Dubious RAZR Resurrection Sheds Light On Absurd Cell Phone Churn

Motorola has struggled to regain its previous lead in the smartphone industry for years and the company has apparently grown desperate enough to tap device nostalgia for a product barely seven years old. The new Droid RAZR is an interesting product—it's the only cell phone we're aware of that incorporates Kevlar into its structure—but analysts aren't certain the move is going to help Motorola's sales.

"Just because it's called Razr doesn't mean it's the next Razr," said Alkesh Shah, an analyst at Evercore Partners in New York. "I don't think any one phone will be a game changer for Motorola."

Shah is probably right, though not necessarily for any reason that's the fault of Motorola. Everyone agrees that Motorola held on to the RAZR for far too long, then compounded the error by slashing prices to dump inventory. The resulting glut killed the company's margins. Despite this, Motorola made a killing on RAZR over the first two years of the phone's life. Today, only Apple products remain premium options for anywhere near that long.

These days, a new phone is lucky to remain at the top of the heap for months before being deprecated in favor of something new. The Droid Bionic, at six weeks old, has just been superseded by the RAZR, which ships with dual 1.2GHz processors (opposed to the Bionic's 1GHz) and weighs less. The Galaxy Nexus made its debut this week—a week after the Galaxy Stratosphere. Granted, it will be a few weeks before the RAZR ships, but the pace of new introductions is nearly frantic (and it hurts consumers). Not only is it difficult to know which Android phone to purchase, the rapid-fire launch pace means vendors have little incentive to spend much time debugging their products.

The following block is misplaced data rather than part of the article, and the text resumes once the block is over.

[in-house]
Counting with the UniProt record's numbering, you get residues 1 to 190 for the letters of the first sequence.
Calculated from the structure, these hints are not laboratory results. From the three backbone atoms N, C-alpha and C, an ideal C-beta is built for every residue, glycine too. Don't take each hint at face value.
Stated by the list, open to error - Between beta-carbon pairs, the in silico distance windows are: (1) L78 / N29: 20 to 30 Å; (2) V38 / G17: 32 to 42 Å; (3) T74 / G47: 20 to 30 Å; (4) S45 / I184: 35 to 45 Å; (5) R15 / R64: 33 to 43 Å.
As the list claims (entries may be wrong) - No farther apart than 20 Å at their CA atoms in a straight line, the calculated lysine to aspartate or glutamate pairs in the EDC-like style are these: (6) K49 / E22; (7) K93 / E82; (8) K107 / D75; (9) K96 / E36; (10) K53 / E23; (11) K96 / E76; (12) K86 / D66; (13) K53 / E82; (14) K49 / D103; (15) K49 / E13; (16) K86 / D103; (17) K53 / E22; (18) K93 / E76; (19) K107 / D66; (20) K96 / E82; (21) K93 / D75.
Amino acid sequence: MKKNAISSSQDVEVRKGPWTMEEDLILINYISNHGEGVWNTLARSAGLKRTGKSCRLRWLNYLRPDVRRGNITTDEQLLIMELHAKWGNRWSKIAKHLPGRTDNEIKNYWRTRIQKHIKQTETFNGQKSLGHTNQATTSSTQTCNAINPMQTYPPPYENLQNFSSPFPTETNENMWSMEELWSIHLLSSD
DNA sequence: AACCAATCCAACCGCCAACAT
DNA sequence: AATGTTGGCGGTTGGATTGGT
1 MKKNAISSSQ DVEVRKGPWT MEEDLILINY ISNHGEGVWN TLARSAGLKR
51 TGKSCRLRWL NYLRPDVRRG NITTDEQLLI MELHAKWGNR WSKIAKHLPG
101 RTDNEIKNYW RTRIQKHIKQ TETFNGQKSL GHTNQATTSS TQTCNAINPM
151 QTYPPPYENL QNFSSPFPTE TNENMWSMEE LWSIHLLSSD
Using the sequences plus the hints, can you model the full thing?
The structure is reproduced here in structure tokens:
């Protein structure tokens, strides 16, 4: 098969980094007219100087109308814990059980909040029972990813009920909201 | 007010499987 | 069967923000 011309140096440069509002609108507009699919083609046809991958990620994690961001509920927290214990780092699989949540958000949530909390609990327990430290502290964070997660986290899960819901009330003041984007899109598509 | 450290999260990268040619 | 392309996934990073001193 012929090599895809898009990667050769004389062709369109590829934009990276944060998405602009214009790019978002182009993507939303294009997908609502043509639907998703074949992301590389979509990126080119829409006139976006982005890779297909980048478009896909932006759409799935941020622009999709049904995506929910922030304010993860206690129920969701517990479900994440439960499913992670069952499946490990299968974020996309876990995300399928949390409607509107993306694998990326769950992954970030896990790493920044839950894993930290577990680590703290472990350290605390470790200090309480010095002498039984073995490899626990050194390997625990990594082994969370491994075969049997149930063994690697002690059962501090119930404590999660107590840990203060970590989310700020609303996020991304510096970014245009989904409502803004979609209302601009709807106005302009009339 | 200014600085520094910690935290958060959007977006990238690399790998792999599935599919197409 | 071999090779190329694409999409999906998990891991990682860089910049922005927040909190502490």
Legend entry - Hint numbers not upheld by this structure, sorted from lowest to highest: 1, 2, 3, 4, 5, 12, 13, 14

The short "premium" lifetime of a given phone means companies like Motorola know they'll make a significant chunk of their profits on early sales before they have to start discounting and offering specials. From the company's perspective, it's more cost-effective to focus on the new devices they plan to ship in three months rather than fixing flaws in shipping products. That's not meant to imply companies don't care about solving customer problems—but it's not where the money is.

Ice Cream Sandwich's own debut is a perfect example of the problem. Motorola is planning to ship the RAZR (running Android 2.3.5) in November. The Galaxy Nexus will ship in the same time frame, running ICS. Motorola has responded by telling the press that an ICS update would arrive at "the start of 2012." Forgive us if we're pessimistic on this one, but it took Motorola nine months to begin upgrading Xoom tablets to 4G—and that was for a feature promised on the box. The company isn't advertising the RAZR as running ICS, and isn't under any legal requirement to provide it.

The RAZR may improve Motorola's position and smartphone market share, but given the pace of phone launches, the real question is: "What's next?" It's small wonder some people turn to iPhones—Apple's products tend to remain at the top of the pack for at least 12 months and the company only offers three phones.

We're all for choice and Apple products admittedly only cater to people who want a specific phone style and are willing to put up with a virtual keyboard. Speaking as a techie, however, the prospect of shopping for an Android phone is rather daunting. Oftentimes, figuring out the best phone for your needs involves digging into the various errata and issues to make certain there's not a deal-breaking flaw.